Syncope is a common reason for ED attendance and it presents a major management challenge with regard to the appropriate workup and disposition. Nearly 50% of patients are admitted, and for many this is unnecessary; clinical decision rules have not proven to decrease unnecessary admissions. The European Society of Cardiology has recently developed guidance for managing syncope in the ED. This article highlights the key steps in evaluating syncope in the ED, factors involved in determining risk of a cardiac cause, and considerations for admission, observation or discharge...
November 23, 2018: Emergency Medicine Journal: EMJ
Sandeep R Das, Brendan M Everett, Kim K Birtcher, Jenifer M Brown, William T Cefalu, James L Januzzi, Rita Rastogi Kalyani, Mikhail Kosiborod, Melissa L Magwire, Pamela B Morris, Laurence S Sperling
No abstract text is available yet for this article.
November 24, 2018: Journal of the American College of Cardiology
Yu Jie Chen, Liang Jin Li, Wen Lu Tang, Jia Yang Song, Ru Qiu, Qian Li, Hao Xue, James M Wright
BACKGROUND: This is the first update of a Cochrane Review first published in 2015. Renin angiotensin system (RAS) inhibitors include angiotensin converting enzyme (ACE) inhibitors, angiotensin receptor blockers (ARBs) and renin inhibitors. They are widely prescribed for treatment of hypertension, especially for people with diabetes because of postulated advantages for reducing diabetic nephropathy and cardiovascular morbidity and mortality. Despite widespread use for hypertension, the efficacy and safety of RAS inhibitors compared to other antihypertensive drug classes remains unclear...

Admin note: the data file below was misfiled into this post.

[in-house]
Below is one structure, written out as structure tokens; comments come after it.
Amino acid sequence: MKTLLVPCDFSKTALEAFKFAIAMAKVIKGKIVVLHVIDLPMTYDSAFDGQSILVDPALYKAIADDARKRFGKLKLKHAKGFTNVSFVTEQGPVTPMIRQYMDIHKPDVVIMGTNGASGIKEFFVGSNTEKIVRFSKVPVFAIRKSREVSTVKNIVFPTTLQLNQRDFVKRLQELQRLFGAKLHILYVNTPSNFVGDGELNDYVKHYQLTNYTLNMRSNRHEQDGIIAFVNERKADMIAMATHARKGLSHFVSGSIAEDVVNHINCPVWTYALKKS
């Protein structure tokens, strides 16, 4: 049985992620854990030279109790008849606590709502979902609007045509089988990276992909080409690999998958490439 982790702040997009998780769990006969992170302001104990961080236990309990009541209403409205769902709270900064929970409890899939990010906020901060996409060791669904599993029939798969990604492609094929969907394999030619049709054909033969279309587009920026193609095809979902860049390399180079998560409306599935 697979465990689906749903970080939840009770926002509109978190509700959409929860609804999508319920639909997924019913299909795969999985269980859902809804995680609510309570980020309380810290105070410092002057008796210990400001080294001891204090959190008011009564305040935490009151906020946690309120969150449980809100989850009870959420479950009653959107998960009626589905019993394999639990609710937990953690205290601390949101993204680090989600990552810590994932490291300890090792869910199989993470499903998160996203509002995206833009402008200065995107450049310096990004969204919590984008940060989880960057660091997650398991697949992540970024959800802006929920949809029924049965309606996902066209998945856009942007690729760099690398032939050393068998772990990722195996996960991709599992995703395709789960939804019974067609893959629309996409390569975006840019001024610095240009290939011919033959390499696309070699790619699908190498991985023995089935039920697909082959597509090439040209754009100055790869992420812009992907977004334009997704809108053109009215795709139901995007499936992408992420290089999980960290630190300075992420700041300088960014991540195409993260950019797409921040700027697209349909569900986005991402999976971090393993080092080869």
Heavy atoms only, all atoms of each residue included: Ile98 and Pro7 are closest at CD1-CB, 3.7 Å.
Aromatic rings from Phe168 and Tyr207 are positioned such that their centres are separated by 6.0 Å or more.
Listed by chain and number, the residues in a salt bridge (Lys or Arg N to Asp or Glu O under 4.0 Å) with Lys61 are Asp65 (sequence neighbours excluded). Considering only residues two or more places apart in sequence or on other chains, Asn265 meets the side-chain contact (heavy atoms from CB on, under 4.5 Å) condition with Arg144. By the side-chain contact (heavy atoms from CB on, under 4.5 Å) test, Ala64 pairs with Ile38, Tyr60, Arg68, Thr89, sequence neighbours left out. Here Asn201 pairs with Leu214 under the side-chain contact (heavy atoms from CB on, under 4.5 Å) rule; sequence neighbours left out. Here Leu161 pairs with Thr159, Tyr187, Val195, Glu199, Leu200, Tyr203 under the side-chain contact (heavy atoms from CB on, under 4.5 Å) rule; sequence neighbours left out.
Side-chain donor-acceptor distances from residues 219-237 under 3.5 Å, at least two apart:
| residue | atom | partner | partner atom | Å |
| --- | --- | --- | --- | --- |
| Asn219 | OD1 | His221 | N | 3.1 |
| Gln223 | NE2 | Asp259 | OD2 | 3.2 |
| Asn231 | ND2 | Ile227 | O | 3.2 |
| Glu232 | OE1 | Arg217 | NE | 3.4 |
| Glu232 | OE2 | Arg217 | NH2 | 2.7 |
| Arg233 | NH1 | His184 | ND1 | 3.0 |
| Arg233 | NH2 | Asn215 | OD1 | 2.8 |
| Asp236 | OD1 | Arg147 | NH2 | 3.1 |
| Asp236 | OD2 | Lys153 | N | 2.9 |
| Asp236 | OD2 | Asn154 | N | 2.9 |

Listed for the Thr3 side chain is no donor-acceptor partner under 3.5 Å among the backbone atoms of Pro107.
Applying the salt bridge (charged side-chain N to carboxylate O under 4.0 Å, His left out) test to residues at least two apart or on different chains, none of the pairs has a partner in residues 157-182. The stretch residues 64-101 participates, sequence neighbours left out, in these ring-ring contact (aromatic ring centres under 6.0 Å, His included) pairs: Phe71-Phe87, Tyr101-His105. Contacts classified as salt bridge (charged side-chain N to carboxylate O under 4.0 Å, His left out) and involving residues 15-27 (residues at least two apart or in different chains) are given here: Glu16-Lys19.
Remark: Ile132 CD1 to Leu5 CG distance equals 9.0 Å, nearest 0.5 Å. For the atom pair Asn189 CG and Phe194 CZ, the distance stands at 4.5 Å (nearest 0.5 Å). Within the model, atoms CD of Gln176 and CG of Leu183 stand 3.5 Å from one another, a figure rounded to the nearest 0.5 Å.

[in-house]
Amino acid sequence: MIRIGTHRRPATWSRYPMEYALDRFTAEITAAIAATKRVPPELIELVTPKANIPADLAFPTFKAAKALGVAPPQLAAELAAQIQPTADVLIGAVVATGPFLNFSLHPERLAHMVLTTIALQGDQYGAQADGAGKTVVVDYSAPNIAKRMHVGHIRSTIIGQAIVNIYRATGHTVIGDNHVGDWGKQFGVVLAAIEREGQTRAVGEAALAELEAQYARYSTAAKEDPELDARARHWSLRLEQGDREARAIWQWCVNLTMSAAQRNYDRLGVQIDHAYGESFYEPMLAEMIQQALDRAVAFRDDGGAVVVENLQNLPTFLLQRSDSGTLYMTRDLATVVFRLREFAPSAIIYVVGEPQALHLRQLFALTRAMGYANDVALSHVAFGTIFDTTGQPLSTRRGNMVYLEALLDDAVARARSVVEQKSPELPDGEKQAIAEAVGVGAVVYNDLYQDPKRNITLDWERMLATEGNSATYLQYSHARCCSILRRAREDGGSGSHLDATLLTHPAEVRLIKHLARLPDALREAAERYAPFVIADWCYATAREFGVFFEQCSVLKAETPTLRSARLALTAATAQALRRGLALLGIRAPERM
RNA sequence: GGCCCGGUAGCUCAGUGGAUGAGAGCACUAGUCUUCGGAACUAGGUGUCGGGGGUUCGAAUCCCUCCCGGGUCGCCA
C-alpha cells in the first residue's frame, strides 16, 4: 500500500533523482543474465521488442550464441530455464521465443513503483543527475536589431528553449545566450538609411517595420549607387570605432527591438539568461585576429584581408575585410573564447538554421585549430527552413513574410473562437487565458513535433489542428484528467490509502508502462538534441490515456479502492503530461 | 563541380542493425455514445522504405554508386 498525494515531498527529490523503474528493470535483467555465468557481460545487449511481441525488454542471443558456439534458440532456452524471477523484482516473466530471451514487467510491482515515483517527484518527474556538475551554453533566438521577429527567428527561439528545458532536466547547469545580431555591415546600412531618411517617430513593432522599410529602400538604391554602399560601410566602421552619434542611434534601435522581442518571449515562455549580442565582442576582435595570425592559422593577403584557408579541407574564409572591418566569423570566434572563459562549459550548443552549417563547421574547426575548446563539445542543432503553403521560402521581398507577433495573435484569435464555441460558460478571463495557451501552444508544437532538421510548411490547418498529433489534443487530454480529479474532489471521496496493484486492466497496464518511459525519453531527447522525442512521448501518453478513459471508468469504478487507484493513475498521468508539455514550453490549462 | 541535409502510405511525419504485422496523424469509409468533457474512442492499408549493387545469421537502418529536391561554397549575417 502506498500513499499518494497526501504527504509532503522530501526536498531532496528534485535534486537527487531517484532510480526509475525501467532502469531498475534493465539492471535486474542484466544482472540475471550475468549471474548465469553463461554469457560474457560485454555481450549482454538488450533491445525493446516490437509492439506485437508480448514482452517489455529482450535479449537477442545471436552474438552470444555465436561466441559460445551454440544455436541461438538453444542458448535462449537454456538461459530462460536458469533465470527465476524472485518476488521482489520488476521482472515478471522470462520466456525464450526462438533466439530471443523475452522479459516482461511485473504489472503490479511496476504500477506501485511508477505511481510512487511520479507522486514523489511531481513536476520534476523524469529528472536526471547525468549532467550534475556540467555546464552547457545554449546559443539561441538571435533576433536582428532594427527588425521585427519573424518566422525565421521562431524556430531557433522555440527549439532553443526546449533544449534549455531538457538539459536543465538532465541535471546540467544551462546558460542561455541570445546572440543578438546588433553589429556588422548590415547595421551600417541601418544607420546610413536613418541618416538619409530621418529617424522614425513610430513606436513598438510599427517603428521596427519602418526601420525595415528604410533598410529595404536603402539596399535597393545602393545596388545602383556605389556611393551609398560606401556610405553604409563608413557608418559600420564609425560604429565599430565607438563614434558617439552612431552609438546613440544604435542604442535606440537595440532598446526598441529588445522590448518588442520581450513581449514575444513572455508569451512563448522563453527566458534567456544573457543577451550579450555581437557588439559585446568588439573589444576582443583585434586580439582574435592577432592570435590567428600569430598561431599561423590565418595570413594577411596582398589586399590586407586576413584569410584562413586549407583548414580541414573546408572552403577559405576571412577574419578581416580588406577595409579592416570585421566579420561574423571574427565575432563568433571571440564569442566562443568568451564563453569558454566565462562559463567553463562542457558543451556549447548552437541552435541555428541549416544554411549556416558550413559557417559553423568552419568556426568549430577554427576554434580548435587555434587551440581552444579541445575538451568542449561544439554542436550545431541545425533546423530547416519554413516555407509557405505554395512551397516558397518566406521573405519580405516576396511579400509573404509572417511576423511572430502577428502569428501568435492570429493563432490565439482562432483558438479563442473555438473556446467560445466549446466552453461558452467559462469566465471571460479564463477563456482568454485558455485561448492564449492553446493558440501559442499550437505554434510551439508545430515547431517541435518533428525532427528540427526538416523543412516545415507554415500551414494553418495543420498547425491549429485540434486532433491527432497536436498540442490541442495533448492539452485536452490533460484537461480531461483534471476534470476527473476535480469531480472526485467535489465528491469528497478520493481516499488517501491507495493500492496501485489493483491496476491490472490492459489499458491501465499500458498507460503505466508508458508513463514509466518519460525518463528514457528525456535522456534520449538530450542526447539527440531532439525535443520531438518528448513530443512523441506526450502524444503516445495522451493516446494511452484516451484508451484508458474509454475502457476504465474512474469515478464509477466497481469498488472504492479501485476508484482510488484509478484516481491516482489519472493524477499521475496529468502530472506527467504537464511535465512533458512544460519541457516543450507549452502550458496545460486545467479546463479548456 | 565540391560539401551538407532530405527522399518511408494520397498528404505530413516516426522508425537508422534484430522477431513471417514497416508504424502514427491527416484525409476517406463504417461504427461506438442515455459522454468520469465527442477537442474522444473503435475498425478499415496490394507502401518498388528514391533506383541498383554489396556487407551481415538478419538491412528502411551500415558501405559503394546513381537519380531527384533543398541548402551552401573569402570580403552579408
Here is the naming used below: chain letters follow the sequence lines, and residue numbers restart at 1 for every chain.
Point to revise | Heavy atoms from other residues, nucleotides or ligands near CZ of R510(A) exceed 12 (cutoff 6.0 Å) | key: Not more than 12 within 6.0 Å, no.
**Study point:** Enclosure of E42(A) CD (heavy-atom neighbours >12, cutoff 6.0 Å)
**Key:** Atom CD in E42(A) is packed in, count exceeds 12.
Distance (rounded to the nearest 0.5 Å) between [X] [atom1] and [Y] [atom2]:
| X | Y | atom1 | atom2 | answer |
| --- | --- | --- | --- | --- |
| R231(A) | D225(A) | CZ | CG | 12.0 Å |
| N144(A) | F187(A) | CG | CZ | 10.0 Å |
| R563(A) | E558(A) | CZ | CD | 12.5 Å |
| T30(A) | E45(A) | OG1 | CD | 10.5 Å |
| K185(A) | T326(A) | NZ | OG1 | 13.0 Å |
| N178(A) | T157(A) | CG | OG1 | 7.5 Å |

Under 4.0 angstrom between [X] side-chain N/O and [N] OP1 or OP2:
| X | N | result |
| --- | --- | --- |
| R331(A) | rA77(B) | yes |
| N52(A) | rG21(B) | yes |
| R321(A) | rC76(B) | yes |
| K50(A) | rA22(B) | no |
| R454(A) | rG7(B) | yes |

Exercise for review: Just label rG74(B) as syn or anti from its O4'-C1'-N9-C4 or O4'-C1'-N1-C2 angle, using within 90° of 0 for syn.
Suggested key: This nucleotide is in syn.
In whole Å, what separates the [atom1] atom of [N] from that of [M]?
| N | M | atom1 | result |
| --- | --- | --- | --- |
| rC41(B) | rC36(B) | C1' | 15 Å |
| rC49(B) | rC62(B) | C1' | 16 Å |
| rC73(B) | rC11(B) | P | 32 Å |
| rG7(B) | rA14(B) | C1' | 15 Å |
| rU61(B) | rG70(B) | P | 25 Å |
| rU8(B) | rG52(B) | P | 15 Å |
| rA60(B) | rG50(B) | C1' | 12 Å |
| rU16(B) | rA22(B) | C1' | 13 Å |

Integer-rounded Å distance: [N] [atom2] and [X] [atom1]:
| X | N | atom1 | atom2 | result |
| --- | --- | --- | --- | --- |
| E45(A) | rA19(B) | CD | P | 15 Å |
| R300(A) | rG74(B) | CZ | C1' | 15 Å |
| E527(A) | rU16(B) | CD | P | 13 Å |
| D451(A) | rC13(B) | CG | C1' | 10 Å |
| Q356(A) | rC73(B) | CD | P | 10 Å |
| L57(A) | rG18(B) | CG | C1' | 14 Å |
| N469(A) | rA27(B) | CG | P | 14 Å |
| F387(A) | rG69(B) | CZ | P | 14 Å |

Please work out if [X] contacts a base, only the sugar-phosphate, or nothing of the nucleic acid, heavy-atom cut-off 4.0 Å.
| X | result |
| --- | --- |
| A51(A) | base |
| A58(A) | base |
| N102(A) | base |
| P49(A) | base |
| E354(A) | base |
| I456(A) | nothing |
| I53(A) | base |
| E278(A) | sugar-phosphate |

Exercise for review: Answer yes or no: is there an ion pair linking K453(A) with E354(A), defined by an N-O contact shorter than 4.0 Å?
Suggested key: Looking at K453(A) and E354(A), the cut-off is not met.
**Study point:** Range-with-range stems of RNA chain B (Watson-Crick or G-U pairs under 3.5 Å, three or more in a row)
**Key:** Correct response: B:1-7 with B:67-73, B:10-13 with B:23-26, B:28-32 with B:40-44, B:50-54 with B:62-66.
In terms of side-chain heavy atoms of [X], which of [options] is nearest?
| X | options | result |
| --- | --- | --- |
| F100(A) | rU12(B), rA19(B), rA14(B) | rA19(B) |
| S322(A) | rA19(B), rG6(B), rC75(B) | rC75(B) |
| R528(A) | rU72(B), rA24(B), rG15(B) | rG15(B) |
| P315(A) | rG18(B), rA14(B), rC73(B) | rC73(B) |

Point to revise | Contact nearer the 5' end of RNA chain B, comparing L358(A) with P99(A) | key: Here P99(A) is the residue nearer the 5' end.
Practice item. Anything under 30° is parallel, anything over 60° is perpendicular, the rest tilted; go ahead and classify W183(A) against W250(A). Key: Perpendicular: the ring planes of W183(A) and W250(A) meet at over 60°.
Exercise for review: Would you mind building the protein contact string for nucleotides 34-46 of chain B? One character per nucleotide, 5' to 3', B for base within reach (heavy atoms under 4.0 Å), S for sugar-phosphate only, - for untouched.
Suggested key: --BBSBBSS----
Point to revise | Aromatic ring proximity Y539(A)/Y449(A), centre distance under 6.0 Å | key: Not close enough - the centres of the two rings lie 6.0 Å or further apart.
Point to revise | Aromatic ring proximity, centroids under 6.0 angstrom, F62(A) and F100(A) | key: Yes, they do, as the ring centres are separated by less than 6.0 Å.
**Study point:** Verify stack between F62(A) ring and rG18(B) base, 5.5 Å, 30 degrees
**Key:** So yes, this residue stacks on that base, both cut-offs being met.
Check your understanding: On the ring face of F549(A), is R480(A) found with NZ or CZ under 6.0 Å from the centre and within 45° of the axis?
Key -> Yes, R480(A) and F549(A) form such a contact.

November 14, 2018: Cochrane Database of Systematic Reviews
Jordan D Bohnen, Keith D Lillemoe, Elizabeth A Mort, Haytham M A Kaafarani
No abstract text is available yet for this article.
November 22, 2018: Annals of Surgery
Maria Vargas, Giuseppe Servillo
No abstract text is available yet for this article.
December 2018: Critical Care Medicine
C Michael Valentine, James E Tcheng, Thad Waites
No abstract text is available yet for this article.
November 27, 2018: Journal of the American College of Cardiology
W J Fawcett, M Thomas
It is widely recognised that prolonged fasting for elective surgery in both children and adults serves no purpose, adversely affects patient well-being and can be detrimental. Although advised fasting times for solids remain unchanged, there is good evidence to support a 1-h fast for children, with no increase in risk of pulmonary aspiration. In adults, a major focus has been the introduction of carbohydrate loading before anaesthesia, so that patients arrive for surgery not only hydrated but also in a more normal metabolic state...
November 30, 2018: Anaesthesia
2018-12-10 00:24:58